Recent natural disasters, climate-related hazards and human-influenced catastrophes, both in New Zealand and globally, highlight that we are living in a world where the "knowns" and "unknowns" happen more frequently and with more severity.
The UN has reported the global costs of natural disasters since the turn of the century to be US$2.5 trillion.
Despite their impact, there's little evidence to suggest we are better prepared or better able to cope with these events than we were 100 years ago. Add to this our increasingly complex and interconnected cities and systems, coupled with our unwavering demands for uninterrupted infrastructure services and we may have created a perfect storm (excuse the pun); one that is beating a path towards us, with consequences we are only just beginning to understand.
And one thing is certain in the midst of this: getting to grips with these interconnected issues requires new thinking, challenging some of the old ways of doing things, and asking provocative questions of our decision-makers.
With much of our existing infrastructure designed for "yesterday's conditions", how do we build the infrastructure for tomorrow that can deal with this new normal, and the new, new normal after that? Where do we prioritise our efforts? In our built environment? In our communities? Do we mitigate for short term shock events, at the expense of the slow-burning, corrosive changes we are facing as cities, such as sea-level rise, or an ageing population? Can we afford to do both?
Fortunately, the outlook is not entirely gloomy. Many city leaders both locally and internationally are proactively considering these complex issues, and striving to build more resilient and sustainable cities - with New York, Copenhagen and Christchurch each providing useful examples.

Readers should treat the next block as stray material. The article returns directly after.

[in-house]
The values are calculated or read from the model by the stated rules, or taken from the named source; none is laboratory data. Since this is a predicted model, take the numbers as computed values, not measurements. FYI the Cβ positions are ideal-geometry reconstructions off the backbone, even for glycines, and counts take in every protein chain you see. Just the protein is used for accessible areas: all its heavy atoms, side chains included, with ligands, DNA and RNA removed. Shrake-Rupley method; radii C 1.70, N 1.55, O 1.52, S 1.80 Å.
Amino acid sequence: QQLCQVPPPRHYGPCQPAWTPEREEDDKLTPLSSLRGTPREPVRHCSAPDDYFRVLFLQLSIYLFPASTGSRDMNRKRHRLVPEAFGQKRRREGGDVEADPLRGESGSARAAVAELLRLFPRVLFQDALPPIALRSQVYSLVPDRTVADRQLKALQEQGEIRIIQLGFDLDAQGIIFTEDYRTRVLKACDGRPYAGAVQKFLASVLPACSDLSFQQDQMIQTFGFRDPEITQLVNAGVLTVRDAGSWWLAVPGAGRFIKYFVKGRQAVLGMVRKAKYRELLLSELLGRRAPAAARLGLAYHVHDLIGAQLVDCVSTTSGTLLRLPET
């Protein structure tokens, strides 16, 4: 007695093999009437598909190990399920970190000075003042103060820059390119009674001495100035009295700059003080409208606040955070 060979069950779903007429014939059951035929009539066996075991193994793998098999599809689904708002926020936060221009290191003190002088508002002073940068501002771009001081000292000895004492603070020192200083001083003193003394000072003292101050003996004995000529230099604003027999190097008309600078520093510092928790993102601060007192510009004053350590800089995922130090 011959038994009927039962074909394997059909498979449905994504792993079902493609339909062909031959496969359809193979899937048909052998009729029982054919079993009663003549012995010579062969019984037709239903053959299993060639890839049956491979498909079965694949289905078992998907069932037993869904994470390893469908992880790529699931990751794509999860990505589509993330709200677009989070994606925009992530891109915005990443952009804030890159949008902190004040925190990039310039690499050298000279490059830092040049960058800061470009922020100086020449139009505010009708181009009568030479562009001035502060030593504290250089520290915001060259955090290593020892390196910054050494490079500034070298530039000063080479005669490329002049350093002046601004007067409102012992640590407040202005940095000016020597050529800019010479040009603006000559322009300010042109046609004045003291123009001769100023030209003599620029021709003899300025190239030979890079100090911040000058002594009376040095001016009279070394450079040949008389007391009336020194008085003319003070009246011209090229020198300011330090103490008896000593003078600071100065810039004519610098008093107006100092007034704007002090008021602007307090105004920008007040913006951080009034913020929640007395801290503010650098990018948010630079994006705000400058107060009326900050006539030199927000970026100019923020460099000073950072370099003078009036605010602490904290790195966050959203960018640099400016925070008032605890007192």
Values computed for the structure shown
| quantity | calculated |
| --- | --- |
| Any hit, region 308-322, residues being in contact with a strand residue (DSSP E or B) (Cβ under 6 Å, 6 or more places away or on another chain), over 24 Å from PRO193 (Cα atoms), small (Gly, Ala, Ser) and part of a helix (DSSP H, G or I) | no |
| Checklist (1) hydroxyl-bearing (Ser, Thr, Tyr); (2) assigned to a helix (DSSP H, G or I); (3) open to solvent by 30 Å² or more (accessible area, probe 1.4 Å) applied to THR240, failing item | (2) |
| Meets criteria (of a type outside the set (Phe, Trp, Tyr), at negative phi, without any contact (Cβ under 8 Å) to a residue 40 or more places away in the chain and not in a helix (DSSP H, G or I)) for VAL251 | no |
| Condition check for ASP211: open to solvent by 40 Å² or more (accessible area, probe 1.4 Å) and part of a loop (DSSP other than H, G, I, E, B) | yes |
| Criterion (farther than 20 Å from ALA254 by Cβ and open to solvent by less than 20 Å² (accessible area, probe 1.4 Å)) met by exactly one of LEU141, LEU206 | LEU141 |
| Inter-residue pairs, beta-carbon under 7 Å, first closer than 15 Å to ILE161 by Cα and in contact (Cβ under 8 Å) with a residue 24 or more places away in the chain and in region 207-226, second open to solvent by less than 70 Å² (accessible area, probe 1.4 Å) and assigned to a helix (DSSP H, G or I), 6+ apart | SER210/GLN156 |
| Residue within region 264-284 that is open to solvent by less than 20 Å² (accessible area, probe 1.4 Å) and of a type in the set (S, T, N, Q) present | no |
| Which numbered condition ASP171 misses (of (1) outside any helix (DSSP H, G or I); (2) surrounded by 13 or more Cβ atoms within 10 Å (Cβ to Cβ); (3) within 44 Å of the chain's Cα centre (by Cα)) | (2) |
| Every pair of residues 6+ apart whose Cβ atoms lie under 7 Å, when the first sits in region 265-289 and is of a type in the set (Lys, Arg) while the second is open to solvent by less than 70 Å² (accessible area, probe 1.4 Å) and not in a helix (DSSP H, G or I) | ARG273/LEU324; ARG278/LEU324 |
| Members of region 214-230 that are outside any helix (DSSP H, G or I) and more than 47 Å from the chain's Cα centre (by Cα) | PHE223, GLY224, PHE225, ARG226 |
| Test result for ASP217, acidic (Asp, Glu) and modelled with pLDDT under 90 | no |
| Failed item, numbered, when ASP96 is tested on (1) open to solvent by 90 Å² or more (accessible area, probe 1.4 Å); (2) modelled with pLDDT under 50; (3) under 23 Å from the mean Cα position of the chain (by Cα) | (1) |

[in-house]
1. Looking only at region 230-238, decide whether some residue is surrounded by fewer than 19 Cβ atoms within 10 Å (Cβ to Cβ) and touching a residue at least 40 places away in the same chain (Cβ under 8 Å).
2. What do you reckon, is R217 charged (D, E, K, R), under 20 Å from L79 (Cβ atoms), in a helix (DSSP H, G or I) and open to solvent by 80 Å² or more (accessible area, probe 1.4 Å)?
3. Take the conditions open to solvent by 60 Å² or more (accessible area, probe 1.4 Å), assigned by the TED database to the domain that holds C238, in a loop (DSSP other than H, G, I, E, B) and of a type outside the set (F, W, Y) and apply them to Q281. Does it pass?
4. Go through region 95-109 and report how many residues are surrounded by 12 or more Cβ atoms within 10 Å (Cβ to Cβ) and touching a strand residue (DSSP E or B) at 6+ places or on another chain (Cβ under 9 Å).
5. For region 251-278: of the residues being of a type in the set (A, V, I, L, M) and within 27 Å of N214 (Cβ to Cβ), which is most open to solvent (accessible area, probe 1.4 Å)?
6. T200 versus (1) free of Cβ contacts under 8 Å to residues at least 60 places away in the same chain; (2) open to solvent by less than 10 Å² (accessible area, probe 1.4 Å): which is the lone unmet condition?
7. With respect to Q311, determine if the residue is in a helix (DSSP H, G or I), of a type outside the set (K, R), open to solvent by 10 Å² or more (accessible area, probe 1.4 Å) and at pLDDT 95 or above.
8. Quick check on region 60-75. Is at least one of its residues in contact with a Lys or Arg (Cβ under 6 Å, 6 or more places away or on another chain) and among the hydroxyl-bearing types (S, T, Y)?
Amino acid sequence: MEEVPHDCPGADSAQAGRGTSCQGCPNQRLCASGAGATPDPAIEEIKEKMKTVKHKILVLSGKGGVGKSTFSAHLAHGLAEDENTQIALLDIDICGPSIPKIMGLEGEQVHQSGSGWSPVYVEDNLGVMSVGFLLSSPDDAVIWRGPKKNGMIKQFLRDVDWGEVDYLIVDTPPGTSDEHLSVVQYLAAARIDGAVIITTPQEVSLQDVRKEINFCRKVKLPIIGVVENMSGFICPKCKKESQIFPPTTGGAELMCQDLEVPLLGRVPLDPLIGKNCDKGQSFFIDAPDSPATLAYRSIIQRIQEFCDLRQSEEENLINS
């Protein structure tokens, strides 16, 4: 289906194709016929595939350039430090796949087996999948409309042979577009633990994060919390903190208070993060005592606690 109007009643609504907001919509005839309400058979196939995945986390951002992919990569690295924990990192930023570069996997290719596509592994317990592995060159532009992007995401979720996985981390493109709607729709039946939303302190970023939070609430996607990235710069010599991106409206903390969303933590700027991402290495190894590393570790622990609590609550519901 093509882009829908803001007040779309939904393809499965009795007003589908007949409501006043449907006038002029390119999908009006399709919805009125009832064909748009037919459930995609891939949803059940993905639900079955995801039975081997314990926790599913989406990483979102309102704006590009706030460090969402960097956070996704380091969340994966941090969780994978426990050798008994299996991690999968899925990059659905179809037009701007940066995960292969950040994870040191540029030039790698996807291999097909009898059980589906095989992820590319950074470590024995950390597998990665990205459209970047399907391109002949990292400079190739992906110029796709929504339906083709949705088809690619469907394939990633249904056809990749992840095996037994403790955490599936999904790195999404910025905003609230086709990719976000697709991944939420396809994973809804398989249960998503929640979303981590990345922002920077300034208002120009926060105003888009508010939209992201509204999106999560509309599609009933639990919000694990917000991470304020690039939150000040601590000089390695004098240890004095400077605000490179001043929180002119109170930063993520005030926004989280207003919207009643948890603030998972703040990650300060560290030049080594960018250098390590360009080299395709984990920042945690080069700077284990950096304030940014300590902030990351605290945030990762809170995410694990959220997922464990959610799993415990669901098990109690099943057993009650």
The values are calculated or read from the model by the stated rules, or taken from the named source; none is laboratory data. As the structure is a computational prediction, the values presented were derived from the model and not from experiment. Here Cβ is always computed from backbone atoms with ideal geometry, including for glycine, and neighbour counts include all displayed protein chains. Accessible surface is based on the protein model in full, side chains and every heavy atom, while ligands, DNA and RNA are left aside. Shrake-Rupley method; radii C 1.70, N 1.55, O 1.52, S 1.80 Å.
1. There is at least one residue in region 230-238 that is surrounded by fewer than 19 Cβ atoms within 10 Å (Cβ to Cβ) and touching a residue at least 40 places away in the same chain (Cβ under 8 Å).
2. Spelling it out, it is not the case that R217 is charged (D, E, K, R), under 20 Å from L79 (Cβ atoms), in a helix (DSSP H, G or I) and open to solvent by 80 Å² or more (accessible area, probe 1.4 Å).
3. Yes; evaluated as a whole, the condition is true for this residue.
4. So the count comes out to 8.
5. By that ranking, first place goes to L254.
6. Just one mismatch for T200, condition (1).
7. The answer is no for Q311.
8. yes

Central to any effort towards resilience is the urgent need for integration, which will create the focus required to decide and act. The many levers available to our city planners need to be better understood, and positioned on the same machine, moving in the same direction - to maximise benefit for all. A business-as-usual or silo-style approach won't work.
Designing sustainable and resilient communities requires fresh thinking, and a recognition that eventually, failures will occur. Cities must incorporate "safe-to-fail" solutions, with city operators that have planned for the risks they face, and communities that are aware of and know how to respond to adversity. We need to think about fostering communities that are cohesive and neighbourly, so when the unknown "black swan" event occurs, people can turn to each other for support. Perhaps people need to be accepting that the lights will go out and transportation will grind to a halt during unforeseen events, and that they themselves need to be well prepared.
Our land-use planners and city-shapers must also play a central role in all this. Each land use, policy and infrastructure decision must consider adaptation and resilience attributes, along with the obvious urban design principles, plus the wider impacts on sustainability and ultimately, liveability.
Today's city-shaping investments need to service the 22nd century, and be informed by all the learnings, progress, and mistakes we have made over the last 100 years. A balance needs to be struck to ensure we can respond to whatever comes our way, and bounce "forward" when the next hurdle appears, rather than returning to an old "business as usual" approach.
* James Hughes is principal consultant, Aecom